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Alternatives For Healing

5 Natural Remedies For Your First Aid Kit

by Dr. Sarah Cimperman, ND

If your summer plans include outdoor adventures, don’t forget your first aid kit. It should contain basic supplies like bandages, sterile gauze, scissors, tweezers, adhesive tape, matches, needles, and thread. You’ll also want antiseptics to clean wounds and anti-inflammatory medicines to treat cuts, scrapes, insect bites, skin rashes, burns, bruises, sprains, and strains. Here are five natural alternatives to chemical-based products.

#1 | Alcohol Spray

Alcohol is a natural product of fermentation and an effective disinfectant. It’s also a safer choice than products marketed as “antibacterial.” Studies show that antibacterial hand sanitizers and wipes can promote the growth of antibiotic-resistant bacteria, inhibit the growth of friendly bacteria that help keep us healthy, have negative effects on our immune system, and increase the risk of allergies and life-threatening infections. Some antibacterial products contain toxic chemicals like triclosan, a dioxin that has been shown to disrupt hormones and suppress the immune system. Human studies have linked triclosan to infertility, miscarriage, birth defects, allergies, and asthma, while animal studies have linked it to cardiovascular problems and cancer.

Look for 70% isopropyl alcohol and put it in a small clean spray bottle. Use it to disinfect hands before handling injuries, especially open wounds. It can be used disinfect wounds as well, but it will cause a temporary stinging sensation on areas where the skin is broken. Alcohol spray is also useful for disinfecting hands before eating.

#2 | Lavender Essential Oil

The essential oil of lavender is antimicrobial by nature and research studies show that it has strong antiseptic effects against antibiotic-resistant bacteria. It has anti-inflammatory and wound-healing properties. One study found that it promoted the synthesis of collagen and the differentiation of fibroblasts needed for tissue repair, and it helped wounds heal faster. Lavender also acts on the central nervous system to modulate neurotransmitters involved in regulating emotional responses to our environment, so it can help calm fear and anxiety common with acute injuries. Studies have shown that lavender is as effective as benzodiazepines in treating general anxiety.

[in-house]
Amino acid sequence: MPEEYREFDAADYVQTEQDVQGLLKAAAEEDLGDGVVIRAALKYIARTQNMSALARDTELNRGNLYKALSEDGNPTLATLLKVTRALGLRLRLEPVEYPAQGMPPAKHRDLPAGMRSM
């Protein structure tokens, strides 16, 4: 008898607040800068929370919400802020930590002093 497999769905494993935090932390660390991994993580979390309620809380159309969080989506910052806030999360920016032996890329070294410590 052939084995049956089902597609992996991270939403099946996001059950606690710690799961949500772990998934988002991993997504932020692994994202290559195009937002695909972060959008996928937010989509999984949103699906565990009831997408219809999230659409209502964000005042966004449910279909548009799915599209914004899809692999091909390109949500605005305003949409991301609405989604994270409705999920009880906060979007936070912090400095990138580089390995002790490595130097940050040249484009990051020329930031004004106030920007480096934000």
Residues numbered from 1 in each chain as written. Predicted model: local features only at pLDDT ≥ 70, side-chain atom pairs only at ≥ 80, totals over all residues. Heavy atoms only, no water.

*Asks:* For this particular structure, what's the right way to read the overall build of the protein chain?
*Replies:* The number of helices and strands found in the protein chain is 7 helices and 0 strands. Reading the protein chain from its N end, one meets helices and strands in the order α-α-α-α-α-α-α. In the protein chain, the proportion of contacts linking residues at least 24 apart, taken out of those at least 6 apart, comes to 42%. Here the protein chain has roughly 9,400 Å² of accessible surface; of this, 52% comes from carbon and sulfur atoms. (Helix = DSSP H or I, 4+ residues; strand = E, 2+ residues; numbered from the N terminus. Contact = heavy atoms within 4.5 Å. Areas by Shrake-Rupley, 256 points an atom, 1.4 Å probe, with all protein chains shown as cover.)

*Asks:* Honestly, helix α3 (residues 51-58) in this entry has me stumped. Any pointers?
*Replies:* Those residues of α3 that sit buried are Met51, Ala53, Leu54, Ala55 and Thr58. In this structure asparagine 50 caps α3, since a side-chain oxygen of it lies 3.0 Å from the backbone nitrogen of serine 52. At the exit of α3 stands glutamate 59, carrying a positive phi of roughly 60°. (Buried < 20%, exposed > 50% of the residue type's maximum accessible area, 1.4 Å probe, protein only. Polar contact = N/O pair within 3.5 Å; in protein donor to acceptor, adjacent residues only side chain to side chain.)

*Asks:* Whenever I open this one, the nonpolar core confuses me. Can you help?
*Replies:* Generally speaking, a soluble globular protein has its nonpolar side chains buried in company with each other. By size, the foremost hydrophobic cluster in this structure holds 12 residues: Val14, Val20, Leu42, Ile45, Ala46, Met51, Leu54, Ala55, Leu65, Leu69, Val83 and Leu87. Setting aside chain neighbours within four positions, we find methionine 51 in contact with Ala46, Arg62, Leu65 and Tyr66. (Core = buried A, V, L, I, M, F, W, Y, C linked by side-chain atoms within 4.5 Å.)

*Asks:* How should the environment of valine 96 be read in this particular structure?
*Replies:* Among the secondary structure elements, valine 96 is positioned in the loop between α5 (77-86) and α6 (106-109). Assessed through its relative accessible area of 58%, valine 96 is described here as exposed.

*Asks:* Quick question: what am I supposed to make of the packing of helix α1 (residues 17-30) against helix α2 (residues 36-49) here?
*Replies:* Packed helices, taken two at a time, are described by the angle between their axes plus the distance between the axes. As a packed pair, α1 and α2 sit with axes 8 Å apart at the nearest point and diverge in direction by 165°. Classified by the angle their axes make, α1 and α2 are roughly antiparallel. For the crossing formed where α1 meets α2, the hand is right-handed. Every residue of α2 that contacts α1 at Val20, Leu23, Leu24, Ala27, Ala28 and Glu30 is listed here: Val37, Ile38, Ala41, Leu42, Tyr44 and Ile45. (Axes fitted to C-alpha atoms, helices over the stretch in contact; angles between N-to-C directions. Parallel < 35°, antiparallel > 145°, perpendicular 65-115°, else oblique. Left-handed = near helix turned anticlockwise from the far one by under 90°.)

Look for pure, organic lavender essential oil. Avoid synthetic and perfume oils because they don’t have medicinal effects. Always use lavender essential oil topically; never ingest it. (Encapsulated products are available for internal use but should only be taken under the guidance of a naturopathic doctor.)

To treat wounds, burns, and insect bites, apply a drop or two of lavender essential oil (or more as needed for large areas) and allow it to dry or cover the area with sterile gauze or a bandage. To ease anxiety, place a drop or two in the palm of your hand, rub your hands together, then rub them on your neck, chest, or the skin under your nose.

#3 | Calendula

Commonly known as marigold, calendula flowers have antiseptic and anti-inflammatory properties. They help wounds heal by promoting the formation of granulation tissue needed for wound repair. Calendula can be used to treat cuts, scrapes, burns, skin rashes, and insect bites.

Calendula comes in many forms. The most pure form is calendula succus, made by preserving the freshly pressed juice of calendula flowers in pure alcohol. Calendula succus comes in small bottles with dropper tops that make it easy to apply to affected areas. Allow it to air dry then cover the area with sterile gauze or a bandage if needed. Because it usually contains twenty to thirty percent alcohol, calendula succus can cause a temporary stinging sensation when applied to open wounds.